Representing a Region and Its Cuisine: Professor Erica Abrams Locklear Discusses Appalachia on the Table

When her mother passed along a cookbook made and assembled by her grandmother, Erica Abrams Locklear thought she knew what to expect. But rather than finding a homemade cookbook full of apple stack cake, leather britches, pickled watermelon, or other “traditional” mountain recipes, Locklear was surprised to discover recipes for devil’s food cake with coconut icing, grape catsup, and fig pickles. Some recipes even relied on food products like Bisquick, Swans Down flour, and Calumet baking powder. But why was that surprising? In this talk, Erica Abrams Locklear draws from her new book, Appalachia on the Table, to explore where her—and the nation’s—Appalachian food script came from. In her talk she will focus on the representations of foods consumed, implied moral judgments about those foods, and how those judgments shape reader perceptions of those depicted. The question at the core of Locklear’s analysis asks, How did the dominant culinary narrative of the region come into existence and what consequences has that narrative had for people in the mountains? One aspect of her talk will feature archival materials from Appalachian Virginia that demonstrate long-standing culinary knowhow, despite century-old narratives that once suggested otherwise.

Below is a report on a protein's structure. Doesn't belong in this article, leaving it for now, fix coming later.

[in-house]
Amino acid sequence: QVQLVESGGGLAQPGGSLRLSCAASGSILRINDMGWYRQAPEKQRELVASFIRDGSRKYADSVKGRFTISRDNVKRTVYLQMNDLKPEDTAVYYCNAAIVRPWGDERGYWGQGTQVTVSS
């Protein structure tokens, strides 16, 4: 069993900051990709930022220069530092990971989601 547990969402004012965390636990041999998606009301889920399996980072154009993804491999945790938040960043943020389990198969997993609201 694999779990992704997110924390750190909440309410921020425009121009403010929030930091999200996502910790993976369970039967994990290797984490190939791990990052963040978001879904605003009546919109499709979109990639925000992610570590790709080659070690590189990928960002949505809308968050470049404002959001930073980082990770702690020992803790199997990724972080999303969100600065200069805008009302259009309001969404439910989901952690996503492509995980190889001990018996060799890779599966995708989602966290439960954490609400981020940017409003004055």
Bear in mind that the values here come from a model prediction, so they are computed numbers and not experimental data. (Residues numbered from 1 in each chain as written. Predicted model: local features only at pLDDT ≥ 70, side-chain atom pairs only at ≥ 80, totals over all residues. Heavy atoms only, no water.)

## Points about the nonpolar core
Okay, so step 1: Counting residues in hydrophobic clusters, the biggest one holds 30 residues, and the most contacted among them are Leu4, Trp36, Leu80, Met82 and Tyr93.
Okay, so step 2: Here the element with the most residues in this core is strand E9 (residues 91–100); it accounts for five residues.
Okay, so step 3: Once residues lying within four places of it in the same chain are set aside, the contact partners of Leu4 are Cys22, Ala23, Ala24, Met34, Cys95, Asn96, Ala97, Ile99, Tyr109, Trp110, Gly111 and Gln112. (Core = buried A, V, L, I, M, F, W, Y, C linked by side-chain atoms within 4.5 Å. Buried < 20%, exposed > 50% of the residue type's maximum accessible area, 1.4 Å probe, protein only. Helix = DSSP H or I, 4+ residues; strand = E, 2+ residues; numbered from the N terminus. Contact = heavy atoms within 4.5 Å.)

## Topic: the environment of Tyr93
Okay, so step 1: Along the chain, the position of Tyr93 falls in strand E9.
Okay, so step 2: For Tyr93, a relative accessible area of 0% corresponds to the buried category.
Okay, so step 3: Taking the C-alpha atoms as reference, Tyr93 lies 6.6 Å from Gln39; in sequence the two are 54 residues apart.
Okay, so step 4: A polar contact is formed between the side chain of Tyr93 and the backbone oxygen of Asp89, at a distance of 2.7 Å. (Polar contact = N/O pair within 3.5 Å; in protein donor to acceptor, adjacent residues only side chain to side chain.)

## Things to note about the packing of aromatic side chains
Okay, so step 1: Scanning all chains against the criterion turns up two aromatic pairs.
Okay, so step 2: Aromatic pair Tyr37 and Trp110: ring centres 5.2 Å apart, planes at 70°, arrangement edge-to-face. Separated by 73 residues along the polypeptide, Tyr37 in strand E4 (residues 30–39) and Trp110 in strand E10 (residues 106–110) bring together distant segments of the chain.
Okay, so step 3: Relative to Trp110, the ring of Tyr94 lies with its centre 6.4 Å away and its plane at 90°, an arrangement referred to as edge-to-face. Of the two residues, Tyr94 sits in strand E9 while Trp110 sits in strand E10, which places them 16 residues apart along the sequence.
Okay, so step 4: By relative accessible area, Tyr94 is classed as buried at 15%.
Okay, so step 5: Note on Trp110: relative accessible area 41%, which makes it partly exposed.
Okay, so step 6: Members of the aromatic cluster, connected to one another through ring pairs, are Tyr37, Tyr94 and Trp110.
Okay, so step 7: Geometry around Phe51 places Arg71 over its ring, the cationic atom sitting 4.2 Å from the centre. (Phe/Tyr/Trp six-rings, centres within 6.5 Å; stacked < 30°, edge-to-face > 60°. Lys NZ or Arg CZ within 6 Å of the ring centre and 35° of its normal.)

Erica Abrams Locklear is a professor of English and the Thomas Howerton Distinguished Professor of Humanities at the University of North Carolina Asheville. She is the author of Appalachia on the Table: Representing Mountain Food and People and Negotiating a Perilous Empowerment: Appalachian Women’s Literacies. She is a seventh-generation Western North Carolinian who loves good food, books, and conversation.

Event Details

Date & Time

Location

Virginia Museum of History & Culture

June 11, 2022

Star Gazing and Laser Nights

Virginia Living Museum
July 9, 2022

Star Gazing and Laser Nights

Virginia Living Museum
August 13, 2022

Star Gazing and Laser Nights

Virginia Living Museum